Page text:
ZEFRANK.COM - message board  

Go Back   ZEFRANK.COM - message board > FAST CHAT
FAQ Members List Calendar Search Today's Posts Mark Forums Read

Reply
 
Thread Tools Rate Thread Display Modes
Old 11-17-2007, 12:02 AM   #181
auntie aubrey
excursions
 
auntie aubrey's Avatar
 
Join Date: May 2006
Location: beyond the call of duty
Posts: 2,443
fake fishmongers plague edinburgh

Quote:
FAKE fishmongers are continuing to operate in Edinburgh, targeting residents in Newington and Fairmilehead in the past week, according to Trading Standards.

Police are working with council officials to trace the men, who are believed to be operating without a licence.

The Evening News drew attention to the fake fish salesmen nearly two weeks ago, but they appear to have continued their charade.

The men are selling fish pre-packed in polystyrene and wrapped in cling film, which does not meet even the minimum labelling requirements. In some cases it is thought they have sold Vietnamese catfish as monkfish fillets.

In the latest reports, which both came into the council late last week, a person in Newington paid £90 for fish, while another paid almost £400 to the individuals.
$400? someone really likes monkfish.
__________________
that dog won't hunt, monsignor
auntie aubrey is offline   Reply With Quote
Old 11-17-2007, 06:11 PM   #182
brightpearl
Rhinoceros fan
 
brightpearl's Avatar
 
Join Date: Mar 2007
Posts: 8,749
There is so much about this story that I love. I especially love the holy crap part. Ooooohhhh, it would be so neat if he were right.

This is the E8 thing they're talking about, btw.

Bigger view here.

Surfer dude stuns physicists with theory of everything
By Roger Highfield, Science Editor
An impoverished surfer has drawn up a new theory of the universe, seen by some as the Holy Grail of physics, which has received rave reviews from scientists.

In winter, he heads to the mountains near Lake Tahoe, Nevada, where he snowboards. "Being poor sucks," Lisi says. "It's hard to figure out the secrets of the universe when you're trying to figure out where you and your girlfriend are going to sleep next month."

Despite this unusual career path, his proposal is remarkable because, by the arcane standards of particle physics, it does not require highly complex mathematics.

Even better, it does not require more than one dimension of time and three of space, when some rival theories need ten or even more spatial dimensions and other bizarre concepts. And it may even be possible to test his theory, which predicts a host of new particles, perhaps even using the new Large Hadron Collider atom smasher that will go into action near Geneva next year.

Although the work of 39 year old Garrett Lisi still has a way to go to convince the establishment, let alone match the achievements of Albert Einstein, the two do have one thing in common: Einstein also began his great adventure in theoretical physics while outside the mainstream scientific establishment, working as a patent officer, though failed to achieve the Holy Grail, an overarching explanation to unite all the particles and forces of the cosmos.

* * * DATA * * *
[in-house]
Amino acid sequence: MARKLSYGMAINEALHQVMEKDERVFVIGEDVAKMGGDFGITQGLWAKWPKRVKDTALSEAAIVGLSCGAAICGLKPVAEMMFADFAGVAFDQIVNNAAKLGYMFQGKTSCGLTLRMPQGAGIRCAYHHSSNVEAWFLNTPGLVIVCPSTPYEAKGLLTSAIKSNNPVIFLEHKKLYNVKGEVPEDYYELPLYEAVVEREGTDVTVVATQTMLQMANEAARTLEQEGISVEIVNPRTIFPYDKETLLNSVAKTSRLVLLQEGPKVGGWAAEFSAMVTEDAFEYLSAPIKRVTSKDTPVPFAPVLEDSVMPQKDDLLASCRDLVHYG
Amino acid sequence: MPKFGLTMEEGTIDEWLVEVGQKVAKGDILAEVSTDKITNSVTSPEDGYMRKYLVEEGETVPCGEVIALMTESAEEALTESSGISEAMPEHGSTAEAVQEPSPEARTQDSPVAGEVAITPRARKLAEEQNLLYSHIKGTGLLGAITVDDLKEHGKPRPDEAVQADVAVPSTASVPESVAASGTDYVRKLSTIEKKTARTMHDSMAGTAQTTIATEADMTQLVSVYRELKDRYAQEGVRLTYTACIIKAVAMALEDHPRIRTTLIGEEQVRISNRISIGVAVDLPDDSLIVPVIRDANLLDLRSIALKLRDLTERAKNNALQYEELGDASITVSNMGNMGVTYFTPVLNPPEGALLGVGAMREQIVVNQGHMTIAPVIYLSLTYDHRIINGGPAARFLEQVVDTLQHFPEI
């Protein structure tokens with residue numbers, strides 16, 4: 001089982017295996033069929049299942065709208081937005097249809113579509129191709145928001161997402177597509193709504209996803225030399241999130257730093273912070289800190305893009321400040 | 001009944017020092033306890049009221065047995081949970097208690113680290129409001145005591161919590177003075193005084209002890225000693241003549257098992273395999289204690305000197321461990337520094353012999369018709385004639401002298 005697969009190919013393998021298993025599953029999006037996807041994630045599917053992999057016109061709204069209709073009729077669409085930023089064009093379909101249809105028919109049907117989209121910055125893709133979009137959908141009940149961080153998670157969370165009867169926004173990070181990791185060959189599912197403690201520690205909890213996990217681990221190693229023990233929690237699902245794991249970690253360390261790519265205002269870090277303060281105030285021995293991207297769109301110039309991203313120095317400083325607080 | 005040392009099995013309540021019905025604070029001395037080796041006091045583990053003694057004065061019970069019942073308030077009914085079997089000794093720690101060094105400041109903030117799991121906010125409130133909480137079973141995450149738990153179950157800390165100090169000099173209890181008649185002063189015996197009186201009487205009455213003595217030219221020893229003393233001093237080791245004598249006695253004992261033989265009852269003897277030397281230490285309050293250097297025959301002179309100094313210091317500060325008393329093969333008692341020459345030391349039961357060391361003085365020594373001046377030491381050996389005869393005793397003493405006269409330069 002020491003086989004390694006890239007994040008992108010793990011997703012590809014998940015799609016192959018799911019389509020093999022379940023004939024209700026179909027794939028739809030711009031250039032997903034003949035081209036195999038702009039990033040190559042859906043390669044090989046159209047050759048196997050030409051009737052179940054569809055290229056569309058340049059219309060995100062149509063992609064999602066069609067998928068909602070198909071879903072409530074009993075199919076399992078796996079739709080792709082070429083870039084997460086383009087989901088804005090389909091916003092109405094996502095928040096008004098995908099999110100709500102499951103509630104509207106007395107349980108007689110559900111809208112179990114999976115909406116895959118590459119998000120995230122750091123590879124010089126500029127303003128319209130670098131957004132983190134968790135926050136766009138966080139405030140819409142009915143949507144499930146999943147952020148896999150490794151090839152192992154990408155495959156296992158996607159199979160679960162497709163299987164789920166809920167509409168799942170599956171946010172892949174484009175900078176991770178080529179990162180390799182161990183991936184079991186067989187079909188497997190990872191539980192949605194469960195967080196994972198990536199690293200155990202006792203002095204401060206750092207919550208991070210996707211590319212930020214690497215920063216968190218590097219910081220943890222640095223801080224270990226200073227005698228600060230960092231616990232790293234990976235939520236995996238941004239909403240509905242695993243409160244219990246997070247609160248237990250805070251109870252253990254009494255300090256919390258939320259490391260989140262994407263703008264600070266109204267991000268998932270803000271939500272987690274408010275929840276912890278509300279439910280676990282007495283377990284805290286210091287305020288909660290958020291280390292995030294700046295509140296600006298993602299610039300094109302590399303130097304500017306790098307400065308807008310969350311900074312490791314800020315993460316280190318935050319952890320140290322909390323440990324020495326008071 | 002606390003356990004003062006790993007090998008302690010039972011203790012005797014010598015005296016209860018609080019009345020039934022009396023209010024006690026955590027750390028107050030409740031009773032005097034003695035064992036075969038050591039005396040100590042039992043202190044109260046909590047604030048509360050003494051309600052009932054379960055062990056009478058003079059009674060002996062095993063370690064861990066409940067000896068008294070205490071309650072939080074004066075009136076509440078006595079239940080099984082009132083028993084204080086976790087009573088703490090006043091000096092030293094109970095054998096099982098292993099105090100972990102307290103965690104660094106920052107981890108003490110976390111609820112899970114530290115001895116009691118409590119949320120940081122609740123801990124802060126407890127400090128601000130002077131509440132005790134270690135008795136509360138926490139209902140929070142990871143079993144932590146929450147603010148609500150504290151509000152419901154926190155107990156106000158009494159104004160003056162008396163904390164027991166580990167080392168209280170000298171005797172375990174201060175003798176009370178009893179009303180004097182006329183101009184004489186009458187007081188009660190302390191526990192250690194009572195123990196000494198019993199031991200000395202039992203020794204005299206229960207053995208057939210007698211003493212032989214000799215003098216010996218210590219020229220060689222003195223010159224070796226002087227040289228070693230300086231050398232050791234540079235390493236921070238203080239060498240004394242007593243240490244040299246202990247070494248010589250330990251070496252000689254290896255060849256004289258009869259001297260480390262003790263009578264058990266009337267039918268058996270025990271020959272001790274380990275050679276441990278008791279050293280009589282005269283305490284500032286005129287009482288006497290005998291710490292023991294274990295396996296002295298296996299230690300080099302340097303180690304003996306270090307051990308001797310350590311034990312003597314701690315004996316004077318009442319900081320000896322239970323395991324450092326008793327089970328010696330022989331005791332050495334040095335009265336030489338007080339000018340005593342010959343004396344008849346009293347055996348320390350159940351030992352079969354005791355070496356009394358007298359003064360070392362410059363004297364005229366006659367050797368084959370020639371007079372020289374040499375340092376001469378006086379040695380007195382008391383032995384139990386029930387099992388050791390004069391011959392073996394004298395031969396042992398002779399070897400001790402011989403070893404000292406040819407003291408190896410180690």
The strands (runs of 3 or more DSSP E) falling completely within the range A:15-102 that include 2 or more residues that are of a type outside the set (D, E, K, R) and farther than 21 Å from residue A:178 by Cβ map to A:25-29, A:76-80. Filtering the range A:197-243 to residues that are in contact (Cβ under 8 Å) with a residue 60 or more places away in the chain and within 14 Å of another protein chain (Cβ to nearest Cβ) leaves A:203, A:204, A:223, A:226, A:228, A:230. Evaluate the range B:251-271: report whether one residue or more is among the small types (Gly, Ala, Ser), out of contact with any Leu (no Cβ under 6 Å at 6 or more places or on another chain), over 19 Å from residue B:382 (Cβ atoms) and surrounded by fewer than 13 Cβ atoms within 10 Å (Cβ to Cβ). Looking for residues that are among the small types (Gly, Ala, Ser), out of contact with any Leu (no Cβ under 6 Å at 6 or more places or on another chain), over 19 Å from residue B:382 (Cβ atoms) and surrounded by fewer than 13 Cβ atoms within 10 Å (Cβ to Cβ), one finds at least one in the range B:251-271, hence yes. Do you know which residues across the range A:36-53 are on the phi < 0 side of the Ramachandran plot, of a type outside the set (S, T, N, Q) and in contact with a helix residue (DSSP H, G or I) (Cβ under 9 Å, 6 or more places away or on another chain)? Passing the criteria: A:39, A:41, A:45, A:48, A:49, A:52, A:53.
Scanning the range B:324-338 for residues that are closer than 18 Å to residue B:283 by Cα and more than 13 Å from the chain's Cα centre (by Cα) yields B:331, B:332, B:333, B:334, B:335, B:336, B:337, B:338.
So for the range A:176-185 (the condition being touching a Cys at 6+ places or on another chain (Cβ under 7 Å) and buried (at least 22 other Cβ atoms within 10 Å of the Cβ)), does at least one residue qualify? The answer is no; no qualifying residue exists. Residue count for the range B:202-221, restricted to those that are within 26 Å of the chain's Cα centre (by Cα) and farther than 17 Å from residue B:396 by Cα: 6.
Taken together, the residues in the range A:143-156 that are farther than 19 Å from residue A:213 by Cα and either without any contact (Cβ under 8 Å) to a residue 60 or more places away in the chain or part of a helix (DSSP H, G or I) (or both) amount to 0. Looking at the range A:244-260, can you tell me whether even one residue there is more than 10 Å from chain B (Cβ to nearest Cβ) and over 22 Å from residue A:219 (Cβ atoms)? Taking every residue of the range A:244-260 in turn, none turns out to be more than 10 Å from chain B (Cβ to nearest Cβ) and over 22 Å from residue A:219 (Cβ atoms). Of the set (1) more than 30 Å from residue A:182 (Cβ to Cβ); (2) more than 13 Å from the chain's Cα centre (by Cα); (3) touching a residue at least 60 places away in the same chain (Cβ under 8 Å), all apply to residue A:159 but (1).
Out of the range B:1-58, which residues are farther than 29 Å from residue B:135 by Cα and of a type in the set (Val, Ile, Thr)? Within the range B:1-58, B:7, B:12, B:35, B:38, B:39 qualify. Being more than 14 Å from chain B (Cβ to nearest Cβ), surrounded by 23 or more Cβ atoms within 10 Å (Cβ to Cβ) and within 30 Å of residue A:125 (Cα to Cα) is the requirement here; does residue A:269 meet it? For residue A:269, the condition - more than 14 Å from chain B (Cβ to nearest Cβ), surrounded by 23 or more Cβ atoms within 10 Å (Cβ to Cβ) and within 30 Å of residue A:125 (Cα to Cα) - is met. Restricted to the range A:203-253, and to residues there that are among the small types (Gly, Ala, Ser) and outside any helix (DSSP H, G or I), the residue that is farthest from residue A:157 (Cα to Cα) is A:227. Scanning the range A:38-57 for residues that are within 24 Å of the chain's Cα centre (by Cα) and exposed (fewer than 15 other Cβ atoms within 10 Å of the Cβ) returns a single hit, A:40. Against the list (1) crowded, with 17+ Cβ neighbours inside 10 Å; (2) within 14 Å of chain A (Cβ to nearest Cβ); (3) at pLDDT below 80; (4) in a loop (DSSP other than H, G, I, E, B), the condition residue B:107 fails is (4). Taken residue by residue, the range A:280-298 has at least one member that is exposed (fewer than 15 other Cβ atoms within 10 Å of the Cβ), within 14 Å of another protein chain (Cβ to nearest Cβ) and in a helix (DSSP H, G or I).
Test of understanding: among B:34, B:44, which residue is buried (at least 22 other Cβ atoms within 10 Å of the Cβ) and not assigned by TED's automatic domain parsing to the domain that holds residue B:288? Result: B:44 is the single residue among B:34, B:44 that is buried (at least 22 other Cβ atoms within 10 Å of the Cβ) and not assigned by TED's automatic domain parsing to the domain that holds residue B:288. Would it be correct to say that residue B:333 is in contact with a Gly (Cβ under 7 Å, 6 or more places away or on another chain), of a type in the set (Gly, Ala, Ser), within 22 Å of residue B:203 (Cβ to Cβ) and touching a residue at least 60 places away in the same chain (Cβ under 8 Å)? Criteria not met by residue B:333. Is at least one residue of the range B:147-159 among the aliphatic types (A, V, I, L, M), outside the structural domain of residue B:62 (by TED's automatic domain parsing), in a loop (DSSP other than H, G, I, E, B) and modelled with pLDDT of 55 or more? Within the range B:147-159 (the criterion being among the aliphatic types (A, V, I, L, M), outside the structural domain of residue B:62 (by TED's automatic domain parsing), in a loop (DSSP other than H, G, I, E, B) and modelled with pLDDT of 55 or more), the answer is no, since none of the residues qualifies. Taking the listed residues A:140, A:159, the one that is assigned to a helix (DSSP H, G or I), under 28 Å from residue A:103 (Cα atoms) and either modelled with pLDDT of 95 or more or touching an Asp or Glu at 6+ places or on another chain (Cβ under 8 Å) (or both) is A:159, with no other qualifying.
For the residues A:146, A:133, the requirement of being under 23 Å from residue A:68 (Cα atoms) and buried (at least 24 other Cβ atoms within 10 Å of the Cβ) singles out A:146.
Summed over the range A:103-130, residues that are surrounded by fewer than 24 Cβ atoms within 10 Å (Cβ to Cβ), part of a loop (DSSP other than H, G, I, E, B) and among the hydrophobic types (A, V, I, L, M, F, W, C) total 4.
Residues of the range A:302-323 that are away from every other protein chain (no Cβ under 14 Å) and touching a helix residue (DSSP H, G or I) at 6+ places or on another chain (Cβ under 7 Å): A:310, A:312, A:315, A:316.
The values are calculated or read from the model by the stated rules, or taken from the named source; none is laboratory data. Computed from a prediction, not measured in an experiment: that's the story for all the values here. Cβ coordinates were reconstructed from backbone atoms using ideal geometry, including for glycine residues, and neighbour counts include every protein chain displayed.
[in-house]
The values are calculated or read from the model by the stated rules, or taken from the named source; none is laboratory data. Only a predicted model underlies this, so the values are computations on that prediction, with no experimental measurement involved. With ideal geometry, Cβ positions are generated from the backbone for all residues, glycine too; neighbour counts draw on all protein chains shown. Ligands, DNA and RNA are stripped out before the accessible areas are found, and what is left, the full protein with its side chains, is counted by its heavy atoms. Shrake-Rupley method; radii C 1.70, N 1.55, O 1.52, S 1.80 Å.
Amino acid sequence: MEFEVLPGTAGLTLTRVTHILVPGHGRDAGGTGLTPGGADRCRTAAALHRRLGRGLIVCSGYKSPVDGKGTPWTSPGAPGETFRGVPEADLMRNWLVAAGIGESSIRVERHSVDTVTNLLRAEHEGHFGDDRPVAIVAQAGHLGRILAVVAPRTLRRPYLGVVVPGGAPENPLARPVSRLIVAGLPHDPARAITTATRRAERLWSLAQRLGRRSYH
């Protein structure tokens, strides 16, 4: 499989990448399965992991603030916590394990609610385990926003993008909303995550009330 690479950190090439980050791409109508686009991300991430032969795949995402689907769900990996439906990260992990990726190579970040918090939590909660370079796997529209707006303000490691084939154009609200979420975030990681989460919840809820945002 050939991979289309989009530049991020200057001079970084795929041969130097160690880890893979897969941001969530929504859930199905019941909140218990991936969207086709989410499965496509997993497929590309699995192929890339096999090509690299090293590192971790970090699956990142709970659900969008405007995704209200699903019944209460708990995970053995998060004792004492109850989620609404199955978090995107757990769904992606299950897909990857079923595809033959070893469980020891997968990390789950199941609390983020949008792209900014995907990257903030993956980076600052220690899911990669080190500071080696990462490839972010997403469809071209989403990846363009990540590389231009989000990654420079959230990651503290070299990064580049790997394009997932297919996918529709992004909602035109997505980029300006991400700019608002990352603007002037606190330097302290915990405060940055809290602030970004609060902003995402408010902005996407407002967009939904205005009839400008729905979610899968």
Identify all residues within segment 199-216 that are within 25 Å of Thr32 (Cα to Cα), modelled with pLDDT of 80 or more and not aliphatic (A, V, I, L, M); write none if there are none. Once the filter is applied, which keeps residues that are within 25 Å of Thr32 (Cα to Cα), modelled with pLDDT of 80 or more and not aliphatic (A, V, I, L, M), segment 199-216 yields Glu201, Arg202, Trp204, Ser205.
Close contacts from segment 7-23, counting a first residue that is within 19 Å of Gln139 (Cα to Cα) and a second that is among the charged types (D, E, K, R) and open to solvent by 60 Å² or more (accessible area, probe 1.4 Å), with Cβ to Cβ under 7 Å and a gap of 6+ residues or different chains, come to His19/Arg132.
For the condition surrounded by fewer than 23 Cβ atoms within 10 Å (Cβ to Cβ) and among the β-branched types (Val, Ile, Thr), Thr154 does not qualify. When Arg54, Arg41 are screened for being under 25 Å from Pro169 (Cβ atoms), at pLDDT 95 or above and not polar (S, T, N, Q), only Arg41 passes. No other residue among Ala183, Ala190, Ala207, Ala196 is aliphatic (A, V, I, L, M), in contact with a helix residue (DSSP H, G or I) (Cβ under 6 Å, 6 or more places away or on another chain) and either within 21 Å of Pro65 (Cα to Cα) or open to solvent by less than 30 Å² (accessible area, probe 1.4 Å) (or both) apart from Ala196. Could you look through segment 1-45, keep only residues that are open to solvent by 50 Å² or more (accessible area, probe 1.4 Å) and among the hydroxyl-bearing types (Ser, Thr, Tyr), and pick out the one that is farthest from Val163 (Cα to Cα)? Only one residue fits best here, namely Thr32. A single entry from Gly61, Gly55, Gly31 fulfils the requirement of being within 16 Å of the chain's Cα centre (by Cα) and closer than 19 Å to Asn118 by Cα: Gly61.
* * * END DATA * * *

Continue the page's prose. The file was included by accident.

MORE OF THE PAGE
Now Lisi, currently in Nevada, has come up with a proposal to do this. Lee Smolin at the Perimeter Institute for Theoretical Physics in Waterloo, Ontario, Canada, describes Lisi's work as "fabulous". "It is one of the most compelling unification models I've seen in many, many years," he says.

"Although he cultivates a bit of a surfer-guy image its clear he has put enormous effort and time into working the complexities of this structure out over several years," Prof Smolin tells The Telegraph.

"Some incredibly beautiful stuff falls out of Lisi's theory," adds David Ritz Finkelstein at the Georgia Institute of Technology, Atlanta. "This must be more than coincidence and he really is touching on something profound."

The new theory reported today in New Scientist has been laid out in an online paper entitled "An Exceptionally Simple Theory of Everything" by Lisi, who completed his doctorate in theoretical physics in 1999 at the University of California, San Diego.

He has high hopes that his new theory could provide what he says is a "radical new explanation" for the three decade old Standard Model, which weaves together three of the four fundamental forces of nature: the electromagnetic force; the strong force, which binds quarks together in atomic nuclei; and the weak force, which controls radioactive decay.

The reason for the excitement is that Lisi's model also takes account of gravity, a force that has only successfully been included by a rival and highly fashionable idea called string theory, one that proposes particles are made up of minute strings, which is highly complex and elegant but has lacked predictions by which to do experiments to see if it works.

But some are taking a cooler view. Prof Marcus du Sautoy, of Oxford University and author of Finding Moonshine, told the Telegraph: "The proposal in this paper looks a long shot and there seem to be a lot things still to fill in."

And a colleague Eric Weinstein in America added: "Lisi seems like a hell of a guy. I'd love to meet him. But my friend Lee Smolin is betting on a very very long shot."